What is Agile?
The Agile Manifesto was created in 2001 as a better way to develop software. Since then Agile has become mainstream - even in different industries such as finance, healthcare, government and more. However, with the hype, we also see lots of misunderstanding, including:
- “Agile is chaos!”
- “Agile is traditional project management, rebranded”
- “Agile does not use plans or documentation”
- “Agile is complicated processes which requires certified experts to use”
- “Agile (and self-organization) is an excuse to fire middle management”
Therefore, the first question anybody should ask when talking about Agile is: “What does Agile mean to you?”. For some, misunderstandings and bad practices might prevent them from seeing the value Agile has to offer.
What does Agile mean to me?
For me, Agile is a mindset for responding to change in a Volatile, Uncertain, Complex and Ambiguous (VUCA) world.
The Agile mindset puts people at the center stage: both in customer excellence and employee happiness and productivity.
Agile is simple, but not easy
Agile, as a mindset, should be simple to understand. However, it is not always easy to do! According to Alistar Cockburn, the heart of agile is just four simple words: Collaborate, Deliver, Reflect and Improve.
Dave Thomas also argued for a return to a more simpler Agile when he proclaimed “Agile is dead”. For him, the essence of Agile is these four steps:
- Find out where you are
- Take a small step towards your goal
- Adjust your understanding based on what you learned.
For me, these are key elements of the Agile mindset:
- Reduce uncertainty by testing the riskiest thing first.
- Create feedback loops for delivering real customer- and business value (map the value stream)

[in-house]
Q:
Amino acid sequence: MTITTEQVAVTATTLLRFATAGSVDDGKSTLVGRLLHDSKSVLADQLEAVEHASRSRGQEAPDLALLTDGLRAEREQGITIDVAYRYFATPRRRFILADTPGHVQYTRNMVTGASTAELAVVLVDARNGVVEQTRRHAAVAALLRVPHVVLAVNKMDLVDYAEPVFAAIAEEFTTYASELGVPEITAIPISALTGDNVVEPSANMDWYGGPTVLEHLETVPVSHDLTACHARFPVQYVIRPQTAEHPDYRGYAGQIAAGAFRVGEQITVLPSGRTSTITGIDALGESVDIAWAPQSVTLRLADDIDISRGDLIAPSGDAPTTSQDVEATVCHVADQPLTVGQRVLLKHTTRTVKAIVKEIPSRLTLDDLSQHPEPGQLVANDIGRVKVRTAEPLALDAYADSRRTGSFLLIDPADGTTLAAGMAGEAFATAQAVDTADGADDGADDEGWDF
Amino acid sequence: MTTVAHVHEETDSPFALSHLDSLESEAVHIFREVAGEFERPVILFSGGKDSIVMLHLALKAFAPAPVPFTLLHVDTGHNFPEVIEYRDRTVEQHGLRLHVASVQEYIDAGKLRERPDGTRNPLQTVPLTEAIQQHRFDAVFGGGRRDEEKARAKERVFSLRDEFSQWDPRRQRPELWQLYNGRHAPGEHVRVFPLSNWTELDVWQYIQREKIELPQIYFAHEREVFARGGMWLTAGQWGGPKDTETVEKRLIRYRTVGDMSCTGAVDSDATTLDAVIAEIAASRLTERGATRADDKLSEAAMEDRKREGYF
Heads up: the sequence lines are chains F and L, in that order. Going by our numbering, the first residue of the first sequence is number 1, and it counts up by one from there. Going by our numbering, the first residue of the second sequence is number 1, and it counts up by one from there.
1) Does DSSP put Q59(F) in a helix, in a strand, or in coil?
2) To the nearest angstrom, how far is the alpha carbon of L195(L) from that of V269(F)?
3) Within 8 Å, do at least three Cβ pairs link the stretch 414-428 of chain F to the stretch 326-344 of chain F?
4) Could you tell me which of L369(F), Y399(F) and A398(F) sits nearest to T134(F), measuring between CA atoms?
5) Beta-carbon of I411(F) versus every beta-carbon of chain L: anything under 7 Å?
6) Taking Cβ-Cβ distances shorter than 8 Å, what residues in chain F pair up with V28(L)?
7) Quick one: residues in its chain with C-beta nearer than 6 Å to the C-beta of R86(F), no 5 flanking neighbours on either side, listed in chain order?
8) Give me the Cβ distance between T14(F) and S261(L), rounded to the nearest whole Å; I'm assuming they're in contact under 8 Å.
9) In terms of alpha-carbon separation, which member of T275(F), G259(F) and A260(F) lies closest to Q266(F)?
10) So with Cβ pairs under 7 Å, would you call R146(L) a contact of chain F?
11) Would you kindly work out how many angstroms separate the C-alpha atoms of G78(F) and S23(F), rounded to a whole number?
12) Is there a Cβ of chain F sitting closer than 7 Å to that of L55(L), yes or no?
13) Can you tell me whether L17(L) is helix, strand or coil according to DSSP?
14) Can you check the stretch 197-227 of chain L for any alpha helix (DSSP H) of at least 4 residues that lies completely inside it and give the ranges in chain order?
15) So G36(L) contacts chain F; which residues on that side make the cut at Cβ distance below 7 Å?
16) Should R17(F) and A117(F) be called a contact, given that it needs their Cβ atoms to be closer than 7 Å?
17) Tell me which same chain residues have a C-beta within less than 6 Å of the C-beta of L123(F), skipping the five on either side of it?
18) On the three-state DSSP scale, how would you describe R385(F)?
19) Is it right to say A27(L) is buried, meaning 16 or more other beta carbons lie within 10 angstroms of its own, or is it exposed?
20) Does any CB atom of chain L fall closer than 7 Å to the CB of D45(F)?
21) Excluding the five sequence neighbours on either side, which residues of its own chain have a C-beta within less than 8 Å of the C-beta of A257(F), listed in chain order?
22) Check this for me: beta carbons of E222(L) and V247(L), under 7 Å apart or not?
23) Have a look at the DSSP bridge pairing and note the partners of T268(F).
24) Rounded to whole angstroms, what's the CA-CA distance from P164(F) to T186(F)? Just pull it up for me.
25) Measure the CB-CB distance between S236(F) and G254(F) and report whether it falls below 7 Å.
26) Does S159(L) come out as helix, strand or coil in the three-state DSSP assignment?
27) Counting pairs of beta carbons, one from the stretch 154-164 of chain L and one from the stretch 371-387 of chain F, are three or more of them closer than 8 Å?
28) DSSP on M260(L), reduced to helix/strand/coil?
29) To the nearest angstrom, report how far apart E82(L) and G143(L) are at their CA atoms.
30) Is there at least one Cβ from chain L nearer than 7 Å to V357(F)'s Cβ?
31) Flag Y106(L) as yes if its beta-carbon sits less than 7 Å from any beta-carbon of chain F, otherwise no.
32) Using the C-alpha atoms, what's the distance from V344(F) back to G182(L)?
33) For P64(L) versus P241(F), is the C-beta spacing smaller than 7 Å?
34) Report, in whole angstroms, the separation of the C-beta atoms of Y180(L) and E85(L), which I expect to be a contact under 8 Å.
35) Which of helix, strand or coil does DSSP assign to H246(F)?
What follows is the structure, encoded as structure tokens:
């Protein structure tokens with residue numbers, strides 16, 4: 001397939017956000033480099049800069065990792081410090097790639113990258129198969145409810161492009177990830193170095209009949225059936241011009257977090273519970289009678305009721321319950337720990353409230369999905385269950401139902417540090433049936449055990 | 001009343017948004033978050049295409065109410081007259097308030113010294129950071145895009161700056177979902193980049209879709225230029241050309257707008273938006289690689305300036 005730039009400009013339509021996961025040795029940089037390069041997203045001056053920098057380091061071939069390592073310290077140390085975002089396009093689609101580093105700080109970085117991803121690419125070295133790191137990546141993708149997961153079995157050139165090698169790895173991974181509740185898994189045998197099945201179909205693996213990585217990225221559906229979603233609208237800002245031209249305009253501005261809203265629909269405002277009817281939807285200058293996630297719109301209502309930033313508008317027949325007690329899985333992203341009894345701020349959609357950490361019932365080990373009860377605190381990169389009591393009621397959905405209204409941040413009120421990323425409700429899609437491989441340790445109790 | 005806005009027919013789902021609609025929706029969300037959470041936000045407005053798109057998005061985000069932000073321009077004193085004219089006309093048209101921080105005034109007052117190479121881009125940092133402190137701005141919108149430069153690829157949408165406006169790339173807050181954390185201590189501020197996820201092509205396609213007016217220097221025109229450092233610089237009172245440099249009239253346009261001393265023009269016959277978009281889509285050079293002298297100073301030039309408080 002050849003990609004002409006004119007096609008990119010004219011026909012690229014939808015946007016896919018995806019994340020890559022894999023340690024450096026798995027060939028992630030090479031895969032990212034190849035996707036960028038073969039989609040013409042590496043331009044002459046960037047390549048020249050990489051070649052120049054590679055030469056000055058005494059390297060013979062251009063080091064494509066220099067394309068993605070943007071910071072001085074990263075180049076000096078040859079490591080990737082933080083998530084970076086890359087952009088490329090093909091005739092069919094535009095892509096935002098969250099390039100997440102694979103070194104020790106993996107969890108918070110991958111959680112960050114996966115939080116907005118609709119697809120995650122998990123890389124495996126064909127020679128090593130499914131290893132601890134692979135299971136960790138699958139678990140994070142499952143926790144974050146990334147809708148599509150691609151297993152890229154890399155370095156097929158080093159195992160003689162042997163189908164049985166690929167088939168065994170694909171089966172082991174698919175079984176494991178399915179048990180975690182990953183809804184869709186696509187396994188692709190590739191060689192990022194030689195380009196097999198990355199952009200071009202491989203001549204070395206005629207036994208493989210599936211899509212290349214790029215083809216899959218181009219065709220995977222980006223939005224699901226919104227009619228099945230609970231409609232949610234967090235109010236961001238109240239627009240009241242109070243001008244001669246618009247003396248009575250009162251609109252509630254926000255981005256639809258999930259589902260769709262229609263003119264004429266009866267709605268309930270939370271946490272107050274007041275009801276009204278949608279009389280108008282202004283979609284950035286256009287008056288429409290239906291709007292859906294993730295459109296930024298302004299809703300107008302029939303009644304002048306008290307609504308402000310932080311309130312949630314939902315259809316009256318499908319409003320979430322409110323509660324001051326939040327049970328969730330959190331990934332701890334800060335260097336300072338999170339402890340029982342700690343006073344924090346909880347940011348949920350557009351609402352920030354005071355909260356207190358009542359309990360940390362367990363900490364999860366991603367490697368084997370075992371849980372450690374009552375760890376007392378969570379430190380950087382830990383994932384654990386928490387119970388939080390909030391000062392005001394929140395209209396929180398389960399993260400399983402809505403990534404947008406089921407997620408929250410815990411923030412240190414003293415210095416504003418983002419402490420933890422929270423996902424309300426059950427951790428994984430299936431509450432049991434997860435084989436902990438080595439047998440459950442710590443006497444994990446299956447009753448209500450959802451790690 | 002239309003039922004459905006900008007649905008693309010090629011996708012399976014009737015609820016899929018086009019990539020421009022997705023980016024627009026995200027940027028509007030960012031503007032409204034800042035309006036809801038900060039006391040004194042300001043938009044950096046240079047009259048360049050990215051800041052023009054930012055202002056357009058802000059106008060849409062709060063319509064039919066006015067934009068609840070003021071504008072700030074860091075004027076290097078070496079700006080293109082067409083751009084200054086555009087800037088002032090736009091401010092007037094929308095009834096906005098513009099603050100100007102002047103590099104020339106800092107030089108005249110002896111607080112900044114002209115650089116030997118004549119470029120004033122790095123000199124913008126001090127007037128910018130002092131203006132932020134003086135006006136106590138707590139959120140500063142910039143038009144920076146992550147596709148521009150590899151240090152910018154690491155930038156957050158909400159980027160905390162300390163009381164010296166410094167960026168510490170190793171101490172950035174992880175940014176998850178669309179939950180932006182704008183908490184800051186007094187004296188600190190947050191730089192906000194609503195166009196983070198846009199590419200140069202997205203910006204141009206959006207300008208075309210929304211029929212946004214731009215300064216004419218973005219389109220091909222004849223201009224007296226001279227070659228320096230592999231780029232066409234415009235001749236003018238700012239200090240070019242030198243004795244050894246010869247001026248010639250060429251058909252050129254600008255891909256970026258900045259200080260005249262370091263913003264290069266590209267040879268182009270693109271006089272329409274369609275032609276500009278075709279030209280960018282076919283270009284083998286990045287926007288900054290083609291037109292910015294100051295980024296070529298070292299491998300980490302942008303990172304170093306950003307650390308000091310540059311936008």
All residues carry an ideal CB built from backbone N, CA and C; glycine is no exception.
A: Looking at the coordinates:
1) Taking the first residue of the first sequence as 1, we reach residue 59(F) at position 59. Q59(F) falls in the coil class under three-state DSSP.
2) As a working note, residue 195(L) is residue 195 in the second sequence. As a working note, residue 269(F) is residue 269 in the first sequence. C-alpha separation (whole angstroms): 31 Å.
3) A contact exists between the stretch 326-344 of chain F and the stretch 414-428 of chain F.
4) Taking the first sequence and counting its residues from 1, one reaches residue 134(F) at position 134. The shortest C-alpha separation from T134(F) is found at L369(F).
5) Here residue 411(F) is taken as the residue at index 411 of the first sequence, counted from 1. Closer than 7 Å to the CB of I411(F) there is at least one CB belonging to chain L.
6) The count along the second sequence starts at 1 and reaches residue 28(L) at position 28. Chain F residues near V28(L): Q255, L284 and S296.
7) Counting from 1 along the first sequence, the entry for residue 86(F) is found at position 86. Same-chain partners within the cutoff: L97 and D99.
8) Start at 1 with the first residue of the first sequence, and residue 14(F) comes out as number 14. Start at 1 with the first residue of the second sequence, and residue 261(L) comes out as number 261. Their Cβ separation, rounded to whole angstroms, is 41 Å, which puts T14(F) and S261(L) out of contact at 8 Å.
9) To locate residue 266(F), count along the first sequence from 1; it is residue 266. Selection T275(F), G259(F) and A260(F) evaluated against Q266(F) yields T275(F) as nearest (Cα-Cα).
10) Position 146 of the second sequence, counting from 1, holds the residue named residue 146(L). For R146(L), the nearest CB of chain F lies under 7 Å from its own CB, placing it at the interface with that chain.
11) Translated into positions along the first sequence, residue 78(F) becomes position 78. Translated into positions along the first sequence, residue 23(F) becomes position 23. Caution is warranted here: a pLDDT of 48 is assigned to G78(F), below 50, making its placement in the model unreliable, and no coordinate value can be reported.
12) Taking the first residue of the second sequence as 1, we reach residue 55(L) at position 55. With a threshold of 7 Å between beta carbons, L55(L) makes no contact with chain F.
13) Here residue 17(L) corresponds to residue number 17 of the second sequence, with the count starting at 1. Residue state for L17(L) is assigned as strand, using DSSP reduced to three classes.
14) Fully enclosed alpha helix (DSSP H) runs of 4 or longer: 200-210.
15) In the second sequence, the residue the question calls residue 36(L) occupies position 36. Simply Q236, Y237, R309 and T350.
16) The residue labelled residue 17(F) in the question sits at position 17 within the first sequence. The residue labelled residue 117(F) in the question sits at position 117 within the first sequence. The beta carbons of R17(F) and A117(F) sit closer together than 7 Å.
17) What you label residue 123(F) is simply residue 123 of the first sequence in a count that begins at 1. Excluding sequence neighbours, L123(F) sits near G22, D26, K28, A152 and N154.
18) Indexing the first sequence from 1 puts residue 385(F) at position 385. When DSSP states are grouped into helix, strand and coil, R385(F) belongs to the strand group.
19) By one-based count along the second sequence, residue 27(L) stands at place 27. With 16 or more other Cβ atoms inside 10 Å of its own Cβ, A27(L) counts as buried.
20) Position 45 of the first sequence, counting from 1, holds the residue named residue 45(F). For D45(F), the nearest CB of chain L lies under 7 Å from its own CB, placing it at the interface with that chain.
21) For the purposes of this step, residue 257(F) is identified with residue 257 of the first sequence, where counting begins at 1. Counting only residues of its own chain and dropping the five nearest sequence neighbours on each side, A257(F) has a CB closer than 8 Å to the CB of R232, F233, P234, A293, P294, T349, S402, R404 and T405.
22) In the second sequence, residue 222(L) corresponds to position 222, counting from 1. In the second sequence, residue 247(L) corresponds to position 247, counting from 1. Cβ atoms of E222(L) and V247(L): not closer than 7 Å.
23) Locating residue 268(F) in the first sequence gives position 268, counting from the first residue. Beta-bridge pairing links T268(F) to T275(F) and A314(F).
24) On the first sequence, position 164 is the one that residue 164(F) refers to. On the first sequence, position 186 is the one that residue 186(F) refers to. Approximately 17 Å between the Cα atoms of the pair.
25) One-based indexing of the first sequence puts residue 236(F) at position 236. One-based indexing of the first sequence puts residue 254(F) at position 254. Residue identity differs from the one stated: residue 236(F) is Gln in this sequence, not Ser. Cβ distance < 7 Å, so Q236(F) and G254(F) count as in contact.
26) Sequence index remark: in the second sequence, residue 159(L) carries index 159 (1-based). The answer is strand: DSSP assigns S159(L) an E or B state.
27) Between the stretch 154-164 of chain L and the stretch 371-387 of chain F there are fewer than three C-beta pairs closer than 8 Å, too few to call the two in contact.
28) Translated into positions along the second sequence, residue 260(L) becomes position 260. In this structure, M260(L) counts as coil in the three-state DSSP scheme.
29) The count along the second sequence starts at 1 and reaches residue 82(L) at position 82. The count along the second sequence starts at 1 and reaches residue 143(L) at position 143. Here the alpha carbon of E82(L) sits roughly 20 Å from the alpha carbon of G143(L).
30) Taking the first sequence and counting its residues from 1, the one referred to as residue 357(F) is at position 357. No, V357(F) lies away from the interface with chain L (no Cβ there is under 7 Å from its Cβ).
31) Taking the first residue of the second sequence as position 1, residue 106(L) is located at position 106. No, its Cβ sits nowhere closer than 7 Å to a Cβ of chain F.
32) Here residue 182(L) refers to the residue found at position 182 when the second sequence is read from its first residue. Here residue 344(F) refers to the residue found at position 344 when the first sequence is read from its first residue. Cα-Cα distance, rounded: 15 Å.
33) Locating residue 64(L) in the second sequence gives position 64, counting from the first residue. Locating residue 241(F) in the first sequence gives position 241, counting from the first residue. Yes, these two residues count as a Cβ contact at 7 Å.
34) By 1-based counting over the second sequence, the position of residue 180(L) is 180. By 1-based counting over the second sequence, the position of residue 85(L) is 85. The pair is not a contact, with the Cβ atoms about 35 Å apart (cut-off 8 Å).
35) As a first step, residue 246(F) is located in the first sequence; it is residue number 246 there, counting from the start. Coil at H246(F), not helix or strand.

- Deliver work in short iterations, and learn from every iteration.
- Facilitate structured self-organization by supporting the autonomy, competence and community of employees.
Comfortable with uncertainty
On a more deeper level, the Agile mindset is not always easy to have. It can be very hard to become comfortable with uncertainty. We humans have a built-in longing for predictability, order and control.
The poet John Keats called this skill Negative Capability:
I mean Negative Capability, that is, when a man is capable of being in uncertainties, mysteries, doubts, without any irritable reaching after fact and reason
I think developing Negative Capability is essential for really being Agile.
Agile is humans first
Dave Snowden, Martin Fowler and others speak up against the Agile industry who emphasizes implementing complicated processes with certified experts. They argue that one of the principles was individuals and interaction over processes and tools, and I agree.
This is why I and much more people believe it is not about being an expert in a proces framework, but about listening to people and discovering what works best in their context. I find dialogic organization development a powerful approach for this.